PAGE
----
The content of the true gospel is, most simply, Jesus Christ. Paul indeed met Jesus Christ in an instantly transforming way on the road to Damascus (Acts 9). Yet the earlier disclosure (along with the subsequent development of the content of the gospel in Galatians 2-6) constrains us from thinking the gospel is Jesus Christ as we choose to understand him. Paul preaches Christ, the Christ of grace (not works), of liberation from our sins (not blessing us in our sins), with a view to life in a new age to come (the present age is 'evil').
Luke tells a story of an event in the ministry of Jesus which is not told by the other gospels. Above we have mentioned the similarity between this story and the story of Elijah raising another widow's son back to life (we could also read 2 Kings 4:32-37). The crowd are the first interpreters to make this connection as their response is a mixture of fear, glorifying God and exclaiming that a 'great prophet' (i.e. one in the mold of Elijah and Elisha) has 'risen among us' (v. 16).
Whatever connections Luke may have been making with the Old Testament background to the ministry of Jesus, the primary importance in respect of making a connection is that this story and the previous one (7:1-10) becomes a report to John the Baptist who is languishing in prison. His ministry was to prepare the way for the coming of the Lord but has that ministry been successful? Has the Lord come? The answering of that question is the subject of the next part of the chapter (7: 18-35). As such that need not concern us here, but we can observe that Luke has a purpose in telling us about the raising of the widow of Nain's son: he is laying out the case for Jesus being God's Anointed One (Messiah/Christ).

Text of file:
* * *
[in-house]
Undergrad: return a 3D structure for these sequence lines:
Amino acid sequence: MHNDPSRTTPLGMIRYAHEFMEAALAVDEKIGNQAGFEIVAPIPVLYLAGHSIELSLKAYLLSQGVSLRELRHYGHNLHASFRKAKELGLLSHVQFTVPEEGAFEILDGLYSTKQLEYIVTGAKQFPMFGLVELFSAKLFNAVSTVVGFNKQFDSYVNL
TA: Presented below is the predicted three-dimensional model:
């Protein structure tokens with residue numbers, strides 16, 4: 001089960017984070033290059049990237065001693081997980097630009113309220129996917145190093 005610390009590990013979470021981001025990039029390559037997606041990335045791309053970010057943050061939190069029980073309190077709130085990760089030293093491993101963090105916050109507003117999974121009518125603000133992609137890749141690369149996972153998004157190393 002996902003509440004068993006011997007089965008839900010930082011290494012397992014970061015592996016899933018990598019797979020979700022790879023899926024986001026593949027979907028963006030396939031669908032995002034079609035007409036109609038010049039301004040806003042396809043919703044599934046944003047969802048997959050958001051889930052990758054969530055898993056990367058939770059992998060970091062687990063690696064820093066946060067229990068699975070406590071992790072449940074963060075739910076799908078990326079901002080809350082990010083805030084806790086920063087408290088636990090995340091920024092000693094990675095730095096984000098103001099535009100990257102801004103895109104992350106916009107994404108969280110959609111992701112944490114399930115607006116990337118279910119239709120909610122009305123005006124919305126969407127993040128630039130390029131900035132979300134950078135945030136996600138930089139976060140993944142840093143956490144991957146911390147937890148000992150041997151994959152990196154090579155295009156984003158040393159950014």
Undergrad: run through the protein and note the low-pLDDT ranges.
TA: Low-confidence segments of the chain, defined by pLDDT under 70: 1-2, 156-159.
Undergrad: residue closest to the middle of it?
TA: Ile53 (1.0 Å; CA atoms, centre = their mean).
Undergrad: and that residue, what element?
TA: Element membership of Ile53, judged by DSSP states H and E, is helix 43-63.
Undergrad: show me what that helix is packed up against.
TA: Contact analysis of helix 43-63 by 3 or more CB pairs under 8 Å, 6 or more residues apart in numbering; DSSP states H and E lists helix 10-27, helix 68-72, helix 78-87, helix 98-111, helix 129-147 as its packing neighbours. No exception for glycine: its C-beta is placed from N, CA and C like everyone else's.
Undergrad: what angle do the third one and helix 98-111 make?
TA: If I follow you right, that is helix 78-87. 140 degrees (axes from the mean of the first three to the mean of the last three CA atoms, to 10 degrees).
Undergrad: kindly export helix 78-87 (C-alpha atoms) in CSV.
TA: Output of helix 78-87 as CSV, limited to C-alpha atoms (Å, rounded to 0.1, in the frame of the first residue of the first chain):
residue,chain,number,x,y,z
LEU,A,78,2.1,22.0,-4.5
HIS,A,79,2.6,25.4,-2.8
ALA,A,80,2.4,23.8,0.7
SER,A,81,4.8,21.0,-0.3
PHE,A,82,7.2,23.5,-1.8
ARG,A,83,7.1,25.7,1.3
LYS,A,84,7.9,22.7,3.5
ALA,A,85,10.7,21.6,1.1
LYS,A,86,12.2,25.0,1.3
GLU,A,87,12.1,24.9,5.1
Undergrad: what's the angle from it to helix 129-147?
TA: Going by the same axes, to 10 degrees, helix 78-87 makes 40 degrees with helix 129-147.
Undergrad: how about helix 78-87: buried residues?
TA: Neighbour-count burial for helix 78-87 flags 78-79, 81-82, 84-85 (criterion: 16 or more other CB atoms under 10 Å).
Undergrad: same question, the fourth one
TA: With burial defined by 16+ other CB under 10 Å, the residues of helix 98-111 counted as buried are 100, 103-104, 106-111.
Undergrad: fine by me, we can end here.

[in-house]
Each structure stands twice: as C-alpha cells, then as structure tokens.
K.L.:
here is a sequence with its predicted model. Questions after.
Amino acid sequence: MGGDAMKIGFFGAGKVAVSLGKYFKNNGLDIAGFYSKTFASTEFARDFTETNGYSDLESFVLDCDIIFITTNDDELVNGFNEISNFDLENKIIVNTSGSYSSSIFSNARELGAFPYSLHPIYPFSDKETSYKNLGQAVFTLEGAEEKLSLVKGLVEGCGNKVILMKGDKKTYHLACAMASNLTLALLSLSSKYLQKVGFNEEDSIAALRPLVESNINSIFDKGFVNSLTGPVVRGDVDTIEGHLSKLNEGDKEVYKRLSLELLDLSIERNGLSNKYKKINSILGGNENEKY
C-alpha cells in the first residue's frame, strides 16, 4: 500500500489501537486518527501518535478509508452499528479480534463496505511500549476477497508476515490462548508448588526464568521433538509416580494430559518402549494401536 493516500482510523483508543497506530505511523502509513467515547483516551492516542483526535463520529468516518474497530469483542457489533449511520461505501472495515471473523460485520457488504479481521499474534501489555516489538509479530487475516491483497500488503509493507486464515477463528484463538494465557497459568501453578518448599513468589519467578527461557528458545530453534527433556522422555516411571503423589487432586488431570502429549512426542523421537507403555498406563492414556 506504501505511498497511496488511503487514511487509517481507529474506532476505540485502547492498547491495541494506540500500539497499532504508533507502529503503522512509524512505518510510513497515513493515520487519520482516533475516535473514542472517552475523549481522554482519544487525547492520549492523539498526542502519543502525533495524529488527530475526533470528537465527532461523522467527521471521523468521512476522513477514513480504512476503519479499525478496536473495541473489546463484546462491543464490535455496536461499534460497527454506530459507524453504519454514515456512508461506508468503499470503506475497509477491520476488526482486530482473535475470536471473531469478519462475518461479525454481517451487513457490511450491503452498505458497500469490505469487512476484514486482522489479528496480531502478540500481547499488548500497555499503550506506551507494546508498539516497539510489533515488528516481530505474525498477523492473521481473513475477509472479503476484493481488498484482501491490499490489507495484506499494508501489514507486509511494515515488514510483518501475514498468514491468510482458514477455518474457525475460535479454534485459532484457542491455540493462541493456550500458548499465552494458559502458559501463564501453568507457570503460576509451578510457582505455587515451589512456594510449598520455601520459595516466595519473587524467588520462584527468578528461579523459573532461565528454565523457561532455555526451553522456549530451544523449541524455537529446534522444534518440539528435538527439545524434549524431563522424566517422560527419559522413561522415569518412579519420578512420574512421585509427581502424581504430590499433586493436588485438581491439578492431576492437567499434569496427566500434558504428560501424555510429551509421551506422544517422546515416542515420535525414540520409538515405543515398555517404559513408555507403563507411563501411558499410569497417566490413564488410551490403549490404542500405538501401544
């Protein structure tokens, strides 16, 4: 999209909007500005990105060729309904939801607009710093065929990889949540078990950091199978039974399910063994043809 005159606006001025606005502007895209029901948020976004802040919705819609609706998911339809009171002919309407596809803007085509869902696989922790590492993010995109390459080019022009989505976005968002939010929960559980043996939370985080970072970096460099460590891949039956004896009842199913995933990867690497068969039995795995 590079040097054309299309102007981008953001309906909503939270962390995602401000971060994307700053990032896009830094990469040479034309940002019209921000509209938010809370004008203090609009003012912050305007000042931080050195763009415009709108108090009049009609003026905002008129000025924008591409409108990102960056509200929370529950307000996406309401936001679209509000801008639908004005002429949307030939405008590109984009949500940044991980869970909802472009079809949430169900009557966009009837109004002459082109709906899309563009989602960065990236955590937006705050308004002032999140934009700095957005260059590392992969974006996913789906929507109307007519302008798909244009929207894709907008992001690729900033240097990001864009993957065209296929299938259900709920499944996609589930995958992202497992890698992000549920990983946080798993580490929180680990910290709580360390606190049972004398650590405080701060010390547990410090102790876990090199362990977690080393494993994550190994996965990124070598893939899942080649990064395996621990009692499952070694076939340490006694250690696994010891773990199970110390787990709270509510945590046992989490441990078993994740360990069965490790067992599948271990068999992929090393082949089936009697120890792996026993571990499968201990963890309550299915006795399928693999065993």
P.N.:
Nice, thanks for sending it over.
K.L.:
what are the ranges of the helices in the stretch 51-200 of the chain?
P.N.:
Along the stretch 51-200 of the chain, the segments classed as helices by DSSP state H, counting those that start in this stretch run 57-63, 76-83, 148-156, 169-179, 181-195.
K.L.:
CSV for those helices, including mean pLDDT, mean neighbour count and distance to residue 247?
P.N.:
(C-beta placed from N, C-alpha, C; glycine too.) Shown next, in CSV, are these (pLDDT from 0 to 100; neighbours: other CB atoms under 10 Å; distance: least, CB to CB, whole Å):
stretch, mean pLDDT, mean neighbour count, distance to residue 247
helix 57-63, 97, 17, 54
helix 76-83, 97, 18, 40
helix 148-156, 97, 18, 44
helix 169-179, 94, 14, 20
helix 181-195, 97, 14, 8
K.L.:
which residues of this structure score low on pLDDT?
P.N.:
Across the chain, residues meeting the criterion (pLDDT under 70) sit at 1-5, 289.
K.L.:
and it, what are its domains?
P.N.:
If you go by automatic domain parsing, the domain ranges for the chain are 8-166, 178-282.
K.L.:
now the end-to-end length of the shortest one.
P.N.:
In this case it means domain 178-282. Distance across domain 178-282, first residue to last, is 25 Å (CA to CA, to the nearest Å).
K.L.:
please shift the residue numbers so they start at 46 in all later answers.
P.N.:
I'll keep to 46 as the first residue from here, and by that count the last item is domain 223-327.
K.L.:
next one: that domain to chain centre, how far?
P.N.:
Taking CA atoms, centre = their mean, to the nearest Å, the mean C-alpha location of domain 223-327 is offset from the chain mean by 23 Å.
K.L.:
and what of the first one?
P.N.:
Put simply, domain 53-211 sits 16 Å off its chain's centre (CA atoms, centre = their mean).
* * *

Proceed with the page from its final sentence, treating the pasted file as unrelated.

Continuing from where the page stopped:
What about the miracle itself? Details in 7:12 imply the situation was not only one of concern that a person had died. The son's death makes the widow's own situation perilous. Likely she now faces destitution. Jesus responds with compassion (v. 13). His command to the widow, "Do not weep," is followed by action. He touches the bier and commands the young man to rise up. When the young man sits up and begins to speak, Jesus gives him back to his mother.
There is much to reflect on here. For instance, unlike the immediately previous occasion, there is no reference to 'faith'. The compassion of Jesus here flows spontaneously from Jesus himself, without a triggering request or a display of faith. Or we might note that the occasion does not become an encounter about discipleship: the young man is given no opportunity to consider whether he might like to follow Jesus or not. He is simply and immediately handed back to his mother. Discipleship can involve leaving family for the sake of Christ. Here it involves cleaving to family for the sake of obvious need on the part of the widowed mother.
Importantly, Jesus demonstrates his power to change lives includes power over death itself. This power will also be demonstrated in the raising of Lazarus from the dead (John 11). Yet there is no presumption that either the son in this story or Lazarus will not, eventually, die in the usual way of all people. The greater demonstration of power over death will come when Jesus himself is raised from death to a life not subject to further death.